Amazon’s All-new Kindle brings its entry-level e-reader out of the dark ages. With the addition of glare-free, adjustable front lighting, it allows users a more comfortable reading experience day or night without having to spring for the higher-priced Kindle Paperwhite or the luxe Kindle Oasis.
The All-new Kindle replaces the 8th generation Kindle e-reader and retains many of its slimmed-down specs. It does, however, introduce a few upgrades including improved E-Ink technology and a capacitive touchscreen. With special offers—i.e., ads—enabled, it costs $89.99, a $10 increase over the prior generation. Without special offers it’s priced $109.99.
All-new Kindle specs, features, price
Display: 6-inch (diagonal width) with E Ink Carta and four white LEDs, 167 ppi, 16-level grayscale
Dimensions: 6.3 x 4.5 x 0.34 inches
Weight: 6.1 ounces
Connectivity: Bluetooth and Wi-Fi
Battery life: Up to four weeks on a single charge
Special Offers: Save $20 if you allow ads to be displayed on your lock screen, or pay $20 if you don't. A three-month trial of the Kindle Unlimited service (access to a large library of content without per-product fees) is included, and is normally $9.99 monthly.
When I first unpacked the All-new Kindle, I couldn’t discern much difference between its design and my 8th-gen Kindle’s. Side-by-side comparison revealed some slight but obvious differences, though. Although they have roughly the same dimensions—about 6 by 4.5 by 3.5 inches—the older model had a fairly flat profile, while the All-new Kindle’s is more contoured. The newer Kindle is also a hair heavier than its predecessor: 6 ounces, compared to 5.7 ounces before. It’s perceptible when you hold one in each hand and gives the All-new Kindle a sturdier feel, but doesn’t negatively impact long reading sessions.
Marginal though they may be, these differences mean you won’t be able to fit the All-new Kindle into 8th-generation cases (I tried). Amazon is selling cloth case covers for the new models, available for $29.99 in four colors: Sandstone White, Charcoal, Cobalt Blue, and Punch Red.
The all-new Kindle retains the 8th generation’s 6-inch display with 167 ppi pixel density, but upgrades from E Ink Pearl to E Ink Carta for sharper text. It also adds a capacitive touchscreen to minimize errant swipes.
The big addition, of course, is front lighting, courtesy of four LEDs. If you’re keeping track, that’s one LED fewer than the Kindle Paperwhite has, and only a third of the total offered on the Kindle Oasis. They provide even illumination edge to edge on the display, though without an ambient sensor, so you have to manually adjust their brightness to complement room lighting.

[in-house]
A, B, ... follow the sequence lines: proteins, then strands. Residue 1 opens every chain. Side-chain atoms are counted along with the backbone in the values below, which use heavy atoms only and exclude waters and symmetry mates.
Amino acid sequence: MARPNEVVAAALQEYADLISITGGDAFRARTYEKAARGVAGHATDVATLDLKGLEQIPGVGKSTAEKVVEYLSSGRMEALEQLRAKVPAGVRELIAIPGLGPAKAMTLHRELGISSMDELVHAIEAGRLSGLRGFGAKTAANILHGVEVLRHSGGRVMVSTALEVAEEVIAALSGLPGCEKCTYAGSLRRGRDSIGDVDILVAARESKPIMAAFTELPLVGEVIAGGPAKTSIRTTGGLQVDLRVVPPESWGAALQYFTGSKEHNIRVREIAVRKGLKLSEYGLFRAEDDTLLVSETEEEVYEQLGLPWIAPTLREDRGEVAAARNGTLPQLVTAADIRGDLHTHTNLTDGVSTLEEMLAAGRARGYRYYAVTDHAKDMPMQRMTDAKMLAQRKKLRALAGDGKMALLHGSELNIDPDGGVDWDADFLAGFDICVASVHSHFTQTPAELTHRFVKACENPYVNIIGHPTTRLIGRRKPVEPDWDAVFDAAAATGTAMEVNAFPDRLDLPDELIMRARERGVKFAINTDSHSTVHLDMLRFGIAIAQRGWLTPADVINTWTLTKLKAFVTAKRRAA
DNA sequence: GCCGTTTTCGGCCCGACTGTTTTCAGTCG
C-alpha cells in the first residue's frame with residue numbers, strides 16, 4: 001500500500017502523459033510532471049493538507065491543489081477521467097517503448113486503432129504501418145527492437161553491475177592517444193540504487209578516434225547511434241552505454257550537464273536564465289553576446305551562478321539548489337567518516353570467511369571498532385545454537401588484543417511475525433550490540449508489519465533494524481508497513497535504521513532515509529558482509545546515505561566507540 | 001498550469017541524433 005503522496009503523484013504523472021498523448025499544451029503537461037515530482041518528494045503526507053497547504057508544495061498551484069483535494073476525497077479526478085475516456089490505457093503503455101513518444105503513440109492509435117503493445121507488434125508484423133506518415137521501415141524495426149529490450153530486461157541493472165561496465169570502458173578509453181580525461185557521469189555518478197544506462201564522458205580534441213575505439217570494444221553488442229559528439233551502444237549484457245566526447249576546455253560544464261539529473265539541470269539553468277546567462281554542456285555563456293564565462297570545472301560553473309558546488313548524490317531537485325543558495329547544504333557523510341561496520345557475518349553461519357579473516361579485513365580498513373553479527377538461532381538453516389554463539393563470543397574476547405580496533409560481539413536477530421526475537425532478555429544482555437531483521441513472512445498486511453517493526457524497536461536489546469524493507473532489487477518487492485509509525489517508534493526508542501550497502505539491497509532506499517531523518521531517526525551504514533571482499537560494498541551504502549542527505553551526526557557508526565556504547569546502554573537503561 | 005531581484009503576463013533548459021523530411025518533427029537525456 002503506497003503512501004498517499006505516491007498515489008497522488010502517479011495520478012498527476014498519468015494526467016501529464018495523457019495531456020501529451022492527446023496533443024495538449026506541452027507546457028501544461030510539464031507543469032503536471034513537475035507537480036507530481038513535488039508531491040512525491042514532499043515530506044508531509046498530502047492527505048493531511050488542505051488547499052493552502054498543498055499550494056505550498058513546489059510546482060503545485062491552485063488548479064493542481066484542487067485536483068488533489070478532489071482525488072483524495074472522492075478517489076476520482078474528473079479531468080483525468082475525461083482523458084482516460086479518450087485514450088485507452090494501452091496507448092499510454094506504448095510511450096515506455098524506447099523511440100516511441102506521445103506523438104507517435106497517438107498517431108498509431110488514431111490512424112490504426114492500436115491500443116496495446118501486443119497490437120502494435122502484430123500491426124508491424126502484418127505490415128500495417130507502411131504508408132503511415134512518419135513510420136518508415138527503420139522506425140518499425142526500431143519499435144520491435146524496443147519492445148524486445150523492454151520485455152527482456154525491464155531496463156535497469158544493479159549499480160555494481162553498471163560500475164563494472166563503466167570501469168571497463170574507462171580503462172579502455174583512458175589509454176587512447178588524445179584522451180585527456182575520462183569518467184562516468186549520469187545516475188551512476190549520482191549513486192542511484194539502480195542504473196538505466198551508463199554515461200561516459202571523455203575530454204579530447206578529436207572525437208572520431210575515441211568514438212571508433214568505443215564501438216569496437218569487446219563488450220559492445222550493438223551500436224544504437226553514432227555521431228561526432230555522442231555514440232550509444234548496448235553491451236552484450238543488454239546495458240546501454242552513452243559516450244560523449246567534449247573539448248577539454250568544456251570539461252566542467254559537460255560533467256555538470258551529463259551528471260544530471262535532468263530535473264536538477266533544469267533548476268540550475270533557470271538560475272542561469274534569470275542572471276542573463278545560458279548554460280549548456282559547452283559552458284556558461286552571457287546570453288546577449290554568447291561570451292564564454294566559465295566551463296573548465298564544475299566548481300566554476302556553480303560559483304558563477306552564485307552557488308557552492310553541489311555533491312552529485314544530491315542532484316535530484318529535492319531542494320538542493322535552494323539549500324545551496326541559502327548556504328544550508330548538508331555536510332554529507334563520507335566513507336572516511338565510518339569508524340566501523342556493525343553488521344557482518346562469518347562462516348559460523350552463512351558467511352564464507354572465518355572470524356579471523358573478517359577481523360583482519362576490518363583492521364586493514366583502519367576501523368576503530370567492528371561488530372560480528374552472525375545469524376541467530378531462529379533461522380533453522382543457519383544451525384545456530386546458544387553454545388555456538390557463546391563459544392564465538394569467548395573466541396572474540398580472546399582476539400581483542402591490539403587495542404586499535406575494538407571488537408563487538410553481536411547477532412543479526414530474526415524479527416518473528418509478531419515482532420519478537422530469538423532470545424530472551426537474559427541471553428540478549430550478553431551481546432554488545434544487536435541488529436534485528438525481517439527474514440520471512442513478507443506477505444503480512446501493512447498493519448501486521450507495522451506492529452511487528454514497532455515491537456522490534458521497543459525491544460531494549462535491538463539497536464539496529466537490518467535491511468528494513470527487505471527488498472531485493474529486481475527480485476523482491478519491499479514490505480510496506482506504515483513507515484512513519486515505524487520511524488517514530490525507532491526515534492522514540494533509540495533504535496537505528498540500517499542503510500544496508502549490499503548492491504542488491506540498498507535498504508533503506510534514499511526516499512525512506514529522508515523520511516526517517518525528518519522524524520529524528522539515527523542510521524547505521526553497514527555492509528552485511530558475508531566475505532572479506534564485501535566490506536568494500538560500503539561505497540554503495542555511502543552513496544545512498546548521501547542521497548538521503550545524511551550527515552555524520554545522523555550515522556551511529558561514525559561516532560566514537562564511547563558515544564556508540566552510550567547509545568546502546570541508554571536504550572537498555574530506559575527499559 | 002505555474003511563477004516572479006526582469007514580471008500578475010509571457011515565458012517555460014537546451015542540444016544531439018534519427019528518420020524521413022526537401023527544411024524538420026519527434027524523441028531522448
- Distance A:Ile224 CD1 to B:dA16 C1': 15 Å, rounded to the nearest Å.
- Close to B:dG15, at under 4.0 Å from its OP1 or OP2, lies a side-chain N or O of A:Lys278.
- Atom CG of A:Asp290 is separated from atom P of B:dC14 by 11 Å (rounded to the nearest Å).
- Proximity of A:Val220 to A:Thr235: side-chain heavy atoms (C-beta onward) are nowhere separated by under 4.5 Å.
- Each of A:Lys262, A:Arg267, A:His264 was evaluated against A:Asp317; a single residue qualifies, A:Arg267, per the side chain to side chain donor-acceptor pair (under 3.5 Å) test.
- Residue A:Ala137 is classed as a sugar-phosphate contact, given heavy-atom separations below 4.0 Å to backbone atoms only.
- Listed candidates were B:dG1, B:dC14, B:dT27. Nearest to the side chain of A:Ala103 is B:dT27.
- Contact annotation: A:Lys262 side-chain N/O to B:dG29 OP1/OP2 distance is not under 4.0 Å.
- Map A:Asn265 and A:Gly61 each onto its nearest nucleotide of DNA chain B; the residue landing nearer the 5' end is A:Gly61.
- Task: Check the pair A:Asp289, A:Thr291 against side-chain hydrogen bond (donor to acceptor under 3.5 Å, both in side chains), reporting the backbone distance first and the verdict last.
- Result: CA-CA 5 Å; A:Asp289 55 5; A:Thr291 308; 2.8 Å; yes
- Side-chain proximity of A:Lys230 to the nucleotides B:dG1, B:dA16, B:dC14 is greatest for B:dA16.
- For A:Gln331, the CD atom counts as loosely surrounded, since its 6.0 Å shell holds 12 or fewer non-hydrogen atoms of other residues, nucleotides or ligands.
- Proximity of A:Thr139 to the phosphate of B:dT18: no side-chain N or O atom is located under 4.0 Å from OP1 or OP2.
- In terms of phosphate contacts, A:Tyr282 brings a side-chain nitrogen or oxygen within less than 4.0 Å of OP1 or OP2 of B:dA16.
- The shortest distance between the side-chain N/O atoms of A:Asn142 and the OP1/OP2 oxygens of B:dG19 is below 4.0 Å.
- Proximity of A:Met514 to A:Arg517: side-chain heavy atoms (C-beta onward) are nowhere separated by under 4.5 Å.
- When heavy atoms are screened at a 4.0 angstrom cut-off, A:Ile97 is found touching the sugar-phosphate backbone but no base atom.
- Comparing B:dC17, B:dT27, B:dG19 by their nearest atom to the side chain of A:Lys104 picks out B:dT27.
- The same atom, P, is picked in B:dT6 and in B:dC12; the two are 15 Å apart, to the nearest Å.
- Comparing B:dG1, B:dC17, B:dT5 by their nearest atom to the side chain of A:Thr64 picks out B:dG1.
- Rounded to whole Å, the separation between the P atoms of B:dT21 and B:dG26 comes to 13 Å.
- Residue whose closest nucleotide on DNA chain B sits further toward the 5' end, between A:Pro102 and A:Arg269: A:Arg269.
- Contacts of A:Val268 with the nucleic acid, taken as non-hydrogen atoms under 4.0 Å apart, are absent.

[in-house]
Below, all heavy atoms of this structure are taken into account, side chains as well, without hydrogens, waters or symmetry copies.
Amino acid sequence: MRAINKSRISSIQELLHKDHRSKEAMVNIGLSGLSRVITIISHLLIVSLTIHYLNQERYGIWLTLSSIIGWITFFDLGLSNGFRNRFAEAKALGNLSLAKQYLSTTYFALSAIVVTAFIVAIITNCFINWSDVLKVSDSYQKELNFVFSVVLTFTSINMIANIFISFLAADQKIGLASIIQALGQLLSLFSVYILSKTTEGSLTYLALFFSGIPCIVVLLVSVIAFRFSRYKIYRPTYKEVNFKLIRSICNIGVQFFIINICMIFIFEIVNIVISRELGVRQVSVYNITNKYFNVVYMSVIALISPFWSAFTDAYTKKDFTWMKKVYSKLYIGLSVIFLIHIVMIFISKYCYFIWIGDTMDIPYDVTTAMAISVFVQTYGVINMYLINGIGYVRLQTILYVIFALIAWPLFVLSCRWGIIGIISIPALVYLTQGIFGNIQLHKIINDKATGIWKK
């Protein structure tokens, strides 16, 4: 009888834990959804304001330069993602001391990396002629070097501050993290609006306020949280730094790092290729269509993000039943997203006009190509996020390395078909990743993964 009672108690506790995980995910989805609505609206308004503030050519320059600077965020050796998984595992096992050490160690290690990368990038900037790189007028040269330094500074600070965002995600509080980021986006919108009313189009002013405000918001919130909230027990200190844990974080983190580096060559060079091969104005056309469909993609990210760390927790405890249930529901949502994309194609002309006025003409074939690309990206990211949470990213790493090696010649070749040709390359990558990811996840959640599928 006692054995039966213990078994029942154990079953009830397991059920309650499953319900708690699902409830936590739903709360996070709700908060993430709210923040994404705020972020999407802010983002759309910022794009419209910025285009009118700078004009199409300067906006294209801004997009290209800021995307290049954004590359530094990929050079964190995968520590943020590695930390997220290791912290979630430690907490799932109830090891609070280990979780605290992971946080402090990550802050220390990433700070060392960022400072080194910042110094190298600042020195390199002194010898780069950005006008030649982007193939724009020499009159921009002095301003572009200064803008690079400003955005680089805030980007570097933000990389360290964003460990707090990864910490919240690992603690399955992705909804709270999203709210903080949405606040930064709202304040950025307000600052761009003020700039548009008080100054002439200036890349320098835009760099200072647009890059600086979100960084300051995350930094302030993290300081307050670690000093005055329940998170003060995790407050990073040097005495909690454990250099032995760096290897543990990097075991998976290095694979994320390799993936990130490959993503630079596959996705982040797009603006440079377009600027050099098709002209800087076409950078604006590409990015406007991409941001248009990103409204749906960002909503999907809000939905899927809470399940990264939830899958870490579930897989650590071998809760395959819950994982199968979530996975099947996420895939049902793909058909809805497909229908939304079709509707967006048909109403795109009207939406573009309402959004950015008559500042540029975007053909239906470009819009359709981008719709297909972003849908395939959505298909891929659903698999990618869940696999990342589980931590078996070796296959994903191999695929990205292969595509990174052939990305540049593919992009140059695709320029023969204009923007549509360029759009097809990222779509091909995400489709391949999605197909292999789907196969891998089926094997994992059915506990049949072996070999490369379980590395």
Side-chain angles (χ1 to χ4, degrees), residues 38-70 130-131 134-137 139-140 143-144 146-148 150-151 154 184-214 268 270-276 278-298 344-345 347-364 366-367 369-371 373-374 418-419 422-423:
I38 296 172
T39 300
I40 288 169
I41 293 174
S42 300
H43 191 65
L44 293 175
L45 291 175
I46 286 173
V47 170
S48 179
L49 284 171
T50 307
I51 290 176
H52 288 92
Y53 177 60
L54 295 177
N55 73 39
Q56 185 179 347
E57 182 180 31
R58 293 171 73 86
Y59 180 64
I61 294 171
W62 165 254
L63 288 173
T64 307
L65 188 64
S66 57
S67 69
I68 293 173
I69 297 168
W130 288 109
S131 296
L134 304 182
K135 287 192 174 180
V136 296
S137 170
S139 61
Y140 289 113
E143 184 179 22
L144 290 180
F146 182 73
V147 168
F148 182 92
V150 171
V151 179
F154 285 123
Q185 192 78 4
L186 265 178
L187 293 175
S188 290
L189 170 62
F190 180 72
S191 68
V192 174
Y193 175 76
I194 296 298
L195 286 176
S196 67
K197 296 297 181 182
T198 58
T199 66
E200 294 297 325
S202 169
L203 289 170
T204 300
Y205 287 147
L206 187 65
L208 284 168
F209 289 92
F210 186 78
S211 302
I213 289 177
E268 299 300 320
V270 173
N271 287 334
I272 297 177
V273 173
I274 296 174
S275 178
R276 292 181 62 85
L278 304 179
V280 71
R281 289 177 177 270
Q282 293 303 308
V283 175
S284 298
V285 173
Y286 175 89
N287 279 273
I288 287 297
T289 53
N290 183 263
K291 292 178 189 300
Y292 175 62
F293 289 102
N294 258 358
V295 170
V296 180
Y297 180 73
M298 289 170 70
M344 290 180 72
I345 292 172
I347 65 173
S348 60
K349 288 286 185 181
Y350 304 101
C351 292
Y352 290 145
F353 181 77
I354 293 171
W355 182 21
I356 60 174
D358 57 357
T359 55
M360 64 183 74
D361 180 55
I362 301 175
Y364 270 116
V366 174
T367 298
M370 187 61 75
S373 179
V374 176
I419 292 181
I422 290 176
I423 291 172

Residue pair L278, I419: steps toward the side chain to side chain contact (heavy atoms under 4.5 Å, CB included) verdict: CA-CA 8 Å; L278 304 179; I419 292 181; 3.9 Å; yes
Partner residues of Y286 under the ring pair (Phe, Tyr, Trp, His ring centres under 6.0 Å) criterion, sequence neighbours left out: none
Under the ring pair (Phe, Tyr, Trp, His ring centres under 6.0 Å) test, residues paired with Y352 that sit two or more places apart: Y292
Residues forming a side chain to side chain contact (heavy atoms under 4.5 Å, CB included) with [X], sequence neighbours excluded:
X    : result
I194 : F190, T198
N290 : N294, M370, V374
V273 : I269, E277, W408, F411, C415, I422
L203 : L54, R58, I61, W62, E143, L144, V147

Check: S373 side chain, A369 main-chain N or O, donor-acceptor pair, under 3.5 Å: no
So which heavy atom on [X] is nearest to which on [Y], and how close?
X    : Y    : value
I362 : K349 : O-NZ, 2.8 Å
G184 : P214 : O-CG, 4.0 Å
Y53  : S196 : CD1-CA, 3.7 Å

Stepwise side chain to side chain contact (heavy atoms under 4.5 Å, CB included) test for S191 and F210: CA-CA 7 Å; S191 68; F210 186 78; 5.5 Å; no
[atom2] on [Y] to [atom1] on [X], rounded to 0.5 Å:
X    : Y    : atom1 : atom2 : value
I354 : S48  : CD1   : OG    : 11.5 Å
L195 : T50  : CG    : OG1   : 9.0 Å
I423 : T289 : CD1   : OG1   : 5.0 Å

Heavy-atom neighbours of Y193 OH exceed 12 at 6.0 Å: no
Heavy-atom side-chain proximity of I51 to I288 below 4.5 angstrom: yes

As the All-new Kindle still qualifies as the line’s budget model, you still get only 4GB of storage (as compared to 8GB or 32GB on the next model up, the Kindle Paperwhite). That’s plenty for a substantial eBook library, but if you also want to include audiobooks—which you can play on an external speaker using the device’s Bluetooth connectivity—you’ll find that storage disappearing much quicker.
Whichever format you prefer, Kindle Store or Audible purchases are sent to the device via Amazon’s Whispersync service. Alternately, you can side-load your reading material via USB, or email it to the device using its Send-to-Kindle address.
Amazon promises four weeks of battery life with a full charge, the same as the 8th-generation Kindle. Mind you, that’s based on a half-hour of reading per day, with wireless and Bluetooth off and the light setting at 10, which is less than half the full brightness. Outside those strict parameters, battery life will vary considerably. Audiobook streaming over Bluetooth will always drain the battery faster.
The All-new Kindle presents no particular learning curve if you’ve used the interface over the last few years. You can access the Kindle Store, Goodreads, and features like X-ray and Smart Lookup as you’ve done before. If you’re not already a seasoned Kindle user, the device surfaces tips and tutorials the first time it’s powered on, so you can quickly get your bearings.
If you’ve only ever used entry-level Kindles, the most dramatic change to the user experience is the front lighting. Without it, the 8th generation and its budget-priced predecessors required you either limit your reading to daylight hours in well-lit environments or get yourself a book light (which kind of undermines the high-tech experience). The All-new Kindle allowed me to read comfortably in bed without disturbing my spouse with bright exterior lights, and had none of the eye-fatiguing effects of reading on an iPad or other backlit screen. You can easily optimize the brightness for your environment using a slider in the settings menu, which is accessible from any page of text.
Comparing the screens of the All-new Kindle and the 8th generation, I didn’t see much of significance. The new device’s E Ink Carta screen displays text against a whiter background, whereas the older model’s background is slate-gray, and that may translate to being easier on the eyes. If the text itself is crisper, it’s too negligible to notice. The only real difference I encountered is that the All-new Kindle’s capacitive touchscreen required that I use more pressure when turning pages, and they turned ever-so-slightly slower. None of this detracted from the joys of being immersed a good book.
Saving money on a Kindle typically has typically meant sacrificing features that would provide the most enjoyable reading experience. That’s no longer necessary. With its adjustable front lighting and upgraded screen and E Ink, the All-new Kindle finally opens the full Kindle experience to budget-mined book lovers.